DTV Begets New Transmission Test Gear

Ensuring quality of cable, satellite and telecom distributed broadcast signals.
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NEW YORK
When there's a problem on a local digital TV station as viewed on cable, satellite, or via IPTV, where does the fault lie? Is the TV feed to the distributor faulty? Is there something in the way the distributor aggregates the signals that causes problems such as blockiness, freeze frames, blackouts, loss of video or audio, lip sync errors, or incorrect language? When a viewer calls up to complain to the TV station, how can the engineers there trace the problem? If there's a service agreement in place between the station and the distributor, how can performance and signal quality be verified?

There are a number of tools and test methodologies that makers of test and measurement equipment offer.

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The Rhode & Schwarz DVM100 transport stream monitor 'IT LOOKS GOOD LEAVING HERE'

A station should first ensure that the signal is fine leaving there. And that means checking the ASI feed to the transmitter and then the 8-VSB signal through an off-air receiver, since many cable and other distribution systems take feeds from local stations off-air.

"Make sure you have a good RF signal," said Dennis Kucera, an MPEG applications engineer with Tektronix. "If you don't have an adequate amount of power, you can lose bits and experience transmission problems."

Kucera said the next check should be for transport error flags. "Make sure the signal has high integrity."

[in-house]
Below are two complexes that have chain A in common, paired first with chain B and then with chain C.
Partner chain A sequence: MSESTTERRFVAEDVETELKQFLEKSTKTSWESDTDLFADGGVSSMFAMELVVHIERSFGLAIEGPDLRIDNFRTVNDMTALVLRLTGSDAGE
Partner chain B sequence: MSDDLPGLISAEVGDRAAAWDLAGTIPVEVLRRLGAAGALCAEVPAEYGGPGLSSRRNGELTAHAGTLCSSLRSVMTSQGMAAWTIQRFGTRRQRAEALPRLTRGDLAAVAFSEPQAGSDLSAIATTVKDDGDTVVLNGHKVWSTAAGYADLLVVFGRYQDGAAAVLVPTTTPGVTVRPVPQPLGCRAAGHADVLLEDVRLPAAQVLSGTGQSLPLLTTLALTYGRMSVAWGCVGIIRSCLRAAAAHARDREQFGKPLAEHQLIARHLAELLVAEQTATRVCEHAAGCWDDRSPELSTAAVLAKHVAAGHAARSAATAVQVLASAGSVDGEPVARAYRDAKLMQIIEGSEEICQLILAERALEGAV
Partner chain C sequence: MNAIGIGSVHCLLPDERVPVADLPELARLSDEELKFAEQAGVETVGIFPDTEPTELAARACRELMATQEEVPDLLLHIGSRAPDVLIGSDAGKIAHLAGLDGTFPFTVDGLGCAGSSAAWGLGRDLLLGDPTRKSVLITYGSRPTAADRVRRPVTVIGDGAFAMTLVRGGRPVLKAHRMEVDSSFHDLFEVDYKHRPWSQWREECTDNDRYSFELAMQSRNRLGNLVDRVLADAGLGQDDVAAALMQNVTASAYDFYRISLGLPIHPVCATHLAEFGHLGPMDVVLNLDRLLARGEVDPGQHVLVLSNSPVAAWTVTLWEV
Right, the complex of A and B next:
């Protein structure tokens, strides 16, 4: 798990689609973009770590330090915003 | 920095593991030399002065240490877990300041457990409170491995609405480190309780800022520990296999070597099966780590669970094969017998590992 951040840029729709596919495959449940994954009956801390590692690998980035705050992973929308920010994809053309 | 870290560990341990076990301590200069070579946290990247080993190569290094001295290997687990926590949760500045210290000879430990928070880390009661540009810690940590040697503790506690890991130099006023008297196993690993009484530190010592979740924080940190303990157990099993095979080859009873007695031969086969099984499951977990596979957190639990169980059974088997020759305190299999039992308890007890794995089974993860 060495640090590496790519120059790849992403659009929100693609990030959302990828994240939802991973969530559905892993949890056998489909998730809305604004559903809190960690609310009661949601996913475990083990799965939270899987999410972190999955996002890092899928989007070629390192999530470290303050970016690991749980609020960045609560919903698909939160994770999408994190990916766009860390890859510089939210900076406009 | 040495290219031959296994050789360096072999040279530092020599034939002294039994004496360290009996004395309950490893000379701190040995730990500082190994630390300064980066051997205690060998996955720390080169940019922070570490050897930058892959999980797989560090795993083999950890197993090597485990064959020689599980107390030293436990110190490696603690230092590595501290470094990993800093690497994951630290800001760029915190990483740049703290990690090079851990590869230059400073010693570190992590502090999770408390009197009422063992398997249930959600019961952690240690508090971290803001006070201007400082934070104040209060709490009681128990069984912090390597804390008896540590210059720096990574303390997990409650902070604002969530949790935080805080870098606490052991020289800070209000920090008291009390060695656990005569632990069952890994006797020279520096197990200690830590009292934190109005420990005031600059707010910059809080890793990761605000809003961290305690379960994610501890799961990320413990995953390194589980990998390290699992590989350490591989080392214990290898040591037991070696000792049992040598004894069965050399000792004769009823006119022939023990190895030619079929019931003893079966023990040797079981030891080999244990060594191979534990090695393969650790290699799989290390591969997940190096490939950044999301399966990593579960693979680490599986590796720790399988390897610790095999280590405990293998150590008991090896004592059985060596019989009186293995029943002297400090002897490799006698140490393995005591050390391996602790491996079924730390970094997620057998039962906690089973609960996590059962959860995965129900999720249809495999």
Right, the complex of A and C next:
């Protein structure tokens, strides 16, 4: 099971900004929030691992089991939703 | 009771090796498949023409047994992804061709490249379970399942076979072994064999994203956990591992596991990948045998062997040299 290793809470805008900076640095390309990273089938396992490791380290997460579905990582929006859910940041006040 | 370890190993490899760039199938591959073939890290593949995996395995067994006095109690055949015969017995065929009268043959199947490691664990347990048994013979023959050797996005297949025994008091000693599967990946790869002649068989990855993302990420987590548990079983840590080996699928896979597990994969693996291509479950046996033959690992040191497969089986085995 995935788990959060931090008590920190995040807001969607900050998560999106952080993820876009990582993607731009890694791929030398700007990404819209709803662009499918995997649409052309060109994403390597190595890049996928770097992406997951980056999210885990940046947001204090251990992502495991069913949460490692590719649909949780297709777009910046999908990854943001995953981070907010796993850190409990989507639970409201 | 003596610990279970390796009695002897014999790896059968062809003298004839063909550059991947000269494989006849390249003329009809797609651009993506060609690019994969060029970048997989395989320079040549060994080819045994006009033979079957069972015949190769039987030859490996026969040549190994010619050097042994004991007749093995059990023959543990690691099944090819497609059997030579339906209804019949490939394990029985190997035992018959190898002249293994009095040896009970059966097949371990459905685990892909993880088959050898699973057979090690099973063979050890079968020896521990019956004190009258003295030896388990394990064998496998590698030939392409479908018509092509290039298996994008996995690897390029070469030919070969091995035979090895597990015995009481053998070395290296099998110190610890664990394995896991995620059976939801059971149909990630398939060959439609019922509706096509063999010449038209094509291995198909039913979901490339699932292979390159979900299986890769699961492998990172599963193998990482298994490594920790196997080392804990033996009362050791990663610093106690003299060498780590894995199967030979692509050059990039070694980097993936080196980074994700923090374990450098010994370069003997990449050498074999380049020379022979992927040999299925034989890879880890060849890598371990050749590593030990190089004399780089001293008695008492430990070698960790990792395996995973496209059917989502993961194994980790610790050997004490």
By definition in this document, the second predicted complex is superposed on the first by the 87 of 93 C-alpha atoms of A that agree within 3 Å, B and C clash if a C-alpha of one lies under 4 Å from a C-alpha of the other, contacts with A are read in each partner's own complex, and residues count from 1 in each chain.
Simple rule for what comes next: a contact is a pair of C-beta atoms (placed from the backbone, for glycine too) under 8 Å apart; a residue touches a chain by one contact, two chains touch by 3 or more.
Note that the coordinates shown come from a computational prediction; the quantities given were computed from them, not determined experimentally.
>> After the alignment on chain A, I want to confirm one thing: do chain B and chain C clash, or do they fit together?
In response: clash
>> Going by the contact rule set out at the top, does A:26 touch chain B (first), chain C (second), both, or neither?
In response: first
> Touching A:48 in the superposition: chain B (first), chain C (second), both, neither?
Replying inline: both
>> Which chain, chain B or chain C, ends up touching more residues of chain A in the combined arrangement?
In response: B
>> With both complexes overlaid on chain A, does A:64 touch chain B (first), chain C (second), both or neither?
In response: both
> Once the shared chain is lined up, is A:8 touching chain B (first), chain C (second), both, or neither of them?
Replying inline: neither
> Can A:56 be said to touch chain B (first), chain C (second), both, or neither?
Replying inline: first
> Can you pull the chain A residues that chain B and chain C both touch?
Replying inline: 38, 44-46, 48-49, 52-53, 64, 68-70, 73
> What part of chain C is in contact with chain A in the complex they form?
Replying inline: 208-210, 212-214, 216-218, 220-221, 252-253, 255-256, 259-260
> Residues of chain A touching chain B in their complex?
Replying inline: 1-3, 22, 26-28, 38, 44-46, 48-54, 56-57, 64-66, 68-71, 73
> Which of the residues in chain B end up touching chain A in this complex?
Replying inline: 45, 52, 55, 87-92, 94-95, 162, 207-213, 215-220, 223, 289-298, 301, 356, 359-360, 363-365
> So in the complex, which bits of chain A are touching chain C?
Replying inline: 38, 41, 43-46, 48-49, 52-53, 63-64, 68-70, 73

Once station personnel are assured that a good signal is leaving the TV station, then it's time to find out what the distributors might be doing to it.

According to Danny Wilson, president and CEO of Pixelmetrix, to alleviate a bandwidth crunch, service providers "will compress the signal to get in more channels, but the more compression, the greater the chance that a channel will fail."

An easy way to monitor the distributor's feed is to subscribe to that service and look at the output from a set-top box, unless arrangements can be made with the distributor to install monitoring equipment at their head end.

Today, MPEG monitoring equipment is available from several manufacturers, offering a wide range of inputs to accommodate off-air, cable, satellite and IP transmissions.

Looking at the parameters of the transport stream can indicate whether video/audio artifacts are likely to occur.

"Extract TR 101 290 transport stream parameters, and check for any continuity counter errors," Kucera said. "The continuity counter is part of the MPEG packet. It's a number that ramps from zero to 15 and repeats. If an analyzer sees a number out of sequence, it indicates missing packets, and if a packet is dropped, you can see a video artifact."

Program clock reference and jitter are some other parameters to monitor.

Bit-rate measurements, according to Bob Ellis, broadcast test and measurement product manager at Rohde & Schwarz, "are the most useful of any of the transport stream measurements."

Since most cable companies use 256-QAM at about 38 Mbps, "they pair up off-air signals and take them through a re-multiplexer of their choosing which time division multiplexes the two feeds," Kucera said. Audio and video can go through this process relatively unscathed, but "the more important issue is when they re-multiplex the program guides. Some packets and tables can collide," he said. So ensuring that the EPGs meet appropriate standards is another important test, as is checking for proper PSIP tables.

TRANSPORT STREAM ANALYSIS

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MPEG RF as viewed on the Tektronix MTM400A transport stream monitor

For transport stream monitoring, a TV station has many good choices, including units for remote monitoring. Many of the remote units can be tied into SNMP systems and be monitored via a Web browser.

Often problems are intermittent.

"That's why it's important to have templates to compare test results against the desired performance specifications," said Jon Hammarstrom, senior manager of worldwide field marketing at Tektronix. "The user can set alarms or raise flags if conditions exist that might cause artifacts, and trigger the recording of the streams when something is out of tolerance."